Roberta Kaplan, who argued for Edith Windsor, the plaintiff in the case, said that there has been a “sea change” in attitudes toward gay marriage since 1996, when Congress passed the Defense of Marriage Act, which also allows states to refuse to recognize same-sex marriages performed in other jurisdictions.

“Times can blind,” Kaplan said, “and … back in 1996 people didn’t have the understanding they have today.”

In his questioning, Chief Justice John Roberts suggested that changing attitudes on gay marriage have been brought on by an effective political campaign, rather than a “sea change” in values.

“As far as I can tell, political figures are falling over themselves to endorse your side of the case,” Roberts said.

“I don’t think societal understanding came strictly through political power,” responded Kaplan, who said the change came “from an understanding “that gay married couples’ relationships are not significantly different from the relationships of straight married people.” ARKANSAS ‘IN THE MAINSTREAM’

Jay Barth, a political-science professor at Hendrix College, said changing attitudes on gay marriage have come “at the personal level.” As gays have become more open about their sexuality in recent years, he said, the issue has touched their close friends, family and acquaintances.

But same-sex marriage has fewer backers in Arkansas, Barth said. If another vote were held on gay marriage in the state, Barth said, it would produce a similar result as itdid in 2004, when 75 percent of Arkansans voted to change the state constitution.

“Arkansas is a state that’s real resistant to change,” he said.

Arkansas elected officials, regardless of party, also are unwilling to reject the traditional definition of marriage.

Members of the state’s congressional delegation this week voiced their support for the state constitution’s 2004 marriage amendment.

“Children who are most successful come from a two-member marriage - a man and a woman,” said Sen. John Boozman, a Republican.

Asked how he came to that conclusion, Boozman said: “I am not a sociologist. I just know that for centuries the definition of marriage has been that it is between a man and a woman.”

Boozman said support for same-sex marriage was strongest in a few “liberal” states.

“Arkansas is really in the mainstream” on the issue, Boozman said.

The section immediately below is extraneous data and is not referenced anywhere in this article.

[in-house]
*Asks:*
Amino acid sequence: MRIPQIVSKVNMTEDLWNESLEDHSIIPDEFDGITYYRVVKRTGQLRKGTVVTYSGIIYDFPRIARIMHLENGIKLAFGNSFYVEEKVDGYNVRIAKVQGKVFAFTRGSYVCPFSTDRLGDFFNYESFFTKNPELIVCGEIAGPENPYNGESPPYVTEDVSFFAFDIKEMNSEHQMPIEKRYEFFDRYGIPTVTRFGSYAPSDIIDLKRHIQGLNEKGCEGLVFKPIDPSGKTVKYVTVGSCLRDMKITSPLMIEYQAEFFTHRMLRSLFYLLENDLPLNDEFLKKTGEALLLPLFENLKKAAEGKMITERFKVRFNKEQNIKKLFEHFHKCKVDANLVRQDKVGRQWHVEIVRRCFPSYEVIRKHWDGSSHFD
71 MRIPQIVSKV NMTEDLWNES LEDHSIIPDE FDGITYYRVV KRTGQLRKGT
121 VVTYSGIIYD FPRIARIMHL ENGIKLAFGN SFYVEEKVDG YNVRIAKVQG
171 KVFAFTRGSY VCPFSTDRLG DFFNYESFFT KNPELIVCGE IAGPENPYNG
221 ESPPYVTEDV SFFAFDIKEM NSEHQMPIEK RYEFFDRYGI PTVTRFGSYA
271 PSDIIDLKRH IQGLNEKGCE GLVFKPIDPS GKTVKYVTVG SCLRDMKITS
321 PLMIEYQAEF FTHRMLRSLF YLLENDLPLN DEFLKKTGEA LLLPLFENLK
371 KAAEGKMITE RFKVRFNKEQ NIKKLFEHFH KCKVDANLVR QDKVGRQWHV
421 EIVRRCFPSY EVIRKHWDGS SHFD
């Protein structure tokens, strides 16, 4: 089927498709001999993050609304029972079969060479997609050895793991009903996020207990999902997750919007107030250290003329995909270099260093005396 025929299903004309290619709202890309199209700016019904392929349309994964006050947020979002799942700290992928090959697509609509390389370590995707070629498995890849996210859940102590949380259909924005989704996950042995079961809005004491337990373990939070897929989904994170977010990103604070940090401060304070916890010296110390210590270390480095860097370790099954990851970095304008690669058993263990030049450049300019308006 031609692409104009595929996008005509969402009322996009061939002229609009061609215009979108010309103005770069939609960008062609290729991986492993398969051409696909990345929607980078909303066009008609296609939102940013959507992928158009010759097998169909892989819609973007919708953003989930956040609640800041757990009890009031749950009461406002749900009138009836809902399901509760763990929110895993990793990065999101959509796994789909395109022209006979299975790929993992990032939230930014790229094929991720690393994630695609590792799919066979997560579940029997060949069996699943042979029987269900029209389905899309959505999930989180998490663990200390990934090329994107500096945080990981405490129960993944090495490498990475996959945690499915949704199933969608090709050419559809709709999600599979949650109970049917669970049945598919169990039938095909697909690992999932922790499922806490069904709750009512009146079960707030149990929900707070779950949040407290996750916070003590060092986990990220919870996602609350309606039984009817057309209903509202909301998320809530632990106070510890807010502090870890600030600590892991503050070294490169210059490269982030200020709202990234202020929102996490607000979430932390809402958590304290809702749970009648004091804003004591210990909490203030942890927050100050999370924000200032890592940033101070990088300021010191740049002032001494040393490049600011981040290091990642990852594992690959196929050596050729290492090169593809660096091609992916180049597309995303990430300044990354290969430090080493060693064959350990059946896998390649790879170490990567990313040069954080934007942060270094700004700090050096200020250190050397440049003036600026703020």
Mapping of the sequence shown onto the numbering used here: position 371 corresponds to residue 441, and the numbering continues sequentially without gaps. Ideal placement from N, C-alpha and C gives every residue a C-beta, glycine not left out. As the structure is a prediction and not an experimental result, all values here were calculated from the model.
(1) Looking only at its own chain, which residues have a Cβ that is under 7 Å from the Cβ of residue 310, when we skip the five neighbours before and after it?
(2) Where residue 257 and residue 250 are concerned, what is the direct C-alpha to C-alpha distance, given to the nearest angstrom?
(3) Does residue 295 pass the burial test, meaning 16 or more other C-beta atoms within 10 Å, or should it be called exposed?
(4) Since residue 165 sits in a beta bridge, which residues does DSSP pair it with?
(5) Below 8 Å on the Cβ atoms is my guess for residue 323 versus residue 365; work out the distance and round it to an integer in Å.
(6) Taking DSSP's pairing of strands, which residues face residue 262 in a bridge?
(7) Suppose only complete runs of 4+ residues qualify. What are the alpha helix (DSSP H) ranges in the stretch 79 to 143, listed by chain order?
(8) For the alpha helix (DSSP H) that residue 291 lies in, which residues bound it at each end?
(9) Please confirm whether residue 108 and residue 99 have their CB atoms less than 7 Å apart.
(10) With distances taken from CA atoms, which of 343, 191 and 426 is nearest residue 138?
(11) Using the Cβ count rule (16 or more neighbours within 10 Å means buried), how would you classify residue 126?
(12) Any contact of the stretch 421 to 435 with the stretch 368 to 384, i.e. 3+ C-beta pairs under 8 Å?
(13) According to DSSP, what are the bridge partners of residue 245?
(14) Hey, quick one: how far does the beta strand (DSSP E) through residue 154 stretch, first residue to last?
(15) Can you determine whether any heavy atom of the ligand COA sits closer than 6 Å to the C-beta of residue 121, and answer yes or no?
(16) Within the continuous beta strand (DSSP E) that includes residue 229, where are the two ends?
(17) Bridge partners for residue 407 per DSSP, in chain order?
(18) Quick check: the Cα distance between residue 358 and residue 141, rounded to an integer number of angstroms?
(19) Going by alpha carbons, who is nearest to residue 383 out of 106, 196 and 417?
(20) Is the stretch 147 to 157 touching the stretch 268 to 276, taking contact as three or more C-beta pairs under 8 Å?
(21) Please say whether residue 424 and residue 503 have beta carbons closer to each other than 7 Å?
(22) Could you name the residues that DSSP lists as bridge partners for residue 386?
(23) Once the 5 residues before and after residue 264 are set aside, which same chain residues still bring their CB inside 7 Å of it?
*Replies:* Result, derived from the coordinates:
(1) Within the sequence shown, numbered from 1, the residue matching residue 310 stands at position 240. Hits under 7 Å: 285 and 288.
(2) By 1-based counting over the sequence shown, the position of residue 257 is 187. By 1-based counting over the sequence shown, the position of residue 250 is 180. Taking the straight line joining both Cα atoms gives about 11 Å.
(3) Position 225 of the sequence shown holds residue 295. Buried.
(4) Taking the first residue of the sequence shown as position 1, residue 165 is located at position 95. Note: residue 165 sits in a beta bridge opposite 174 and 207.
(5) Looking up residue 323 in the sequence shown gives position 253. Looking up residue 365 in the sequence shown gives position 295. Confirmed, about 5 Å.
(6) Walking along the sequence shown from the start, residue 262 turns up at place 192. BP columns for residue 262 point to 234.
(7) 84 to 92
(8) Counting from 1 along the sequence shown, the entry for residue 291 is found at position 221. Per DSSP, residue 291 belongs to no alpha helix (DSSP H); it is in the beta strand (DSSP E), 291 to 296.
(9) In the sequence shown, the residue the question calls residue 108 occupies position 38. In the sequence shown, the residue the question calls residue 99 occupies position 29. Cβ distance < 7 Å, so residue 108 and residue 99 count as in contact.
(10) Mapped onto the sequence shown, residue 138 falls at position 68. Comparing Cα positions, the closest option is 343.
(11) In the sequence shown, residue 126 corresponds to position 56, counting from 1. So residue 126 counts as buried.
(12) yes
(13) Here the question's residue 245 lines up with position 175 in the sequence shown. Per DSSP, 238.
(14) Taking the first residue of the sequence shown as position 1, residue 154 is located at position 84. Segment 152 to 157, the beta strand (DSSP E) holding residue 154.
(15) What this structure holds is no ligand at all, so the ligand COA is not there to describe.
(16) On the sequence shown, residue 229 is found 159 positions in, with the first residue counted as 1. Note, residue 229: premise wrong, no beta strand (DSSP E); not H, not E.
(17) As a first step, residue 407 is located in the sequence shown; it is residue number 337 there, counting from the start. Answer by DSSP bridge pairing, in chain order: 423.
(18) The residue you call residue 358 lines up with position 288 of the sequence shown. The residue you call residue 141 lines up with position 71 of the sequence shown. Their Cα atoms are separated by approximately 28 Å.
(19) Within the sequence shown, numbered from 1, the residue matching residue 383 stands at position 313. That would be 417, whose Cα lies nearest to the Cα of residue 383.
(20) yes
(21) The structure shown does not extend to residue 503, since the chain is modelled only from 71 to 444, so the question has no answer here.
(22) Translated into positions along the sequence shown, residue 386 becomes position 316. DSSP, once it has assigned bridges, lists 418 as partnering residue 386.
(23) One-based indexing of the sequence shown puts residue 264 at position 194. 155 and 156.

Rep. Rick Crawford, a Republican, also opposes gay marriage.

“I’m still a strong proponent of traditional marriage as we know it,” Crawford said.

Rep. Tom Cotton, a Republican, denied an interview request.

“He doesn’t have a lot to say on that topic,” said his spokesman, Caroline Rabbit.

Neither did Reps. Steve Womack and Tim Griffin, both Republicans, both of whom issued statements in support of traditional marriage.

Michael Teague, a spokesman for Sen. Mark Pryor, the delegation’s only Democratic member, said Pryor had a “moral belief that marriage is between a man and a woman.” He said that he didn’t know the “ultimate” answer, but that he believed that homosexuality is a choice, not a characteristic people are born with.

Less than a decade ago, virtually every major political figure in the country opposed same-sex marriage. But since then, the polls and the politicians have shifted. Former President Bill Clinton switched sides in 2009. President Barack Obama changed positions in 2012.

Former Secretary of State Hillary Rodham Clinton endorsed gay marriage earlier this year.

Now, some key Republican leaders are rethinking their stances. Former Vice President Dick Cheney said he supports it.

So does Ohio Sen. Rob Portman who came out in favor of same-sex nuptials last week.

Former Arkansas Gov. Mike Huckabee warned that Republicans shouldn’t change their views on gay marriage because of the “whims of culture.”

But he said such a switch by the GOP is possible. If more Republicans join Portman, Huckabee said the party would lose a key bloc of supporters.

“They might, and if they do, they’ll lose a large part of their base because evangelicals will take a walk,” he said in an interview published Wednesday by Newsmax.

On his radio show Wednesday, Huckabee, a former Baptist preacher, said gay marriage isn’t condoned in the Bible.

“I cannot find anything in Scripture that says, yes, samesex marriage is a wonderful, God-blessed institution,” he said.

Front Section, Pages 8 on 03/28/2013

Print Headline: Gay couples proudly wed, but state mostly averse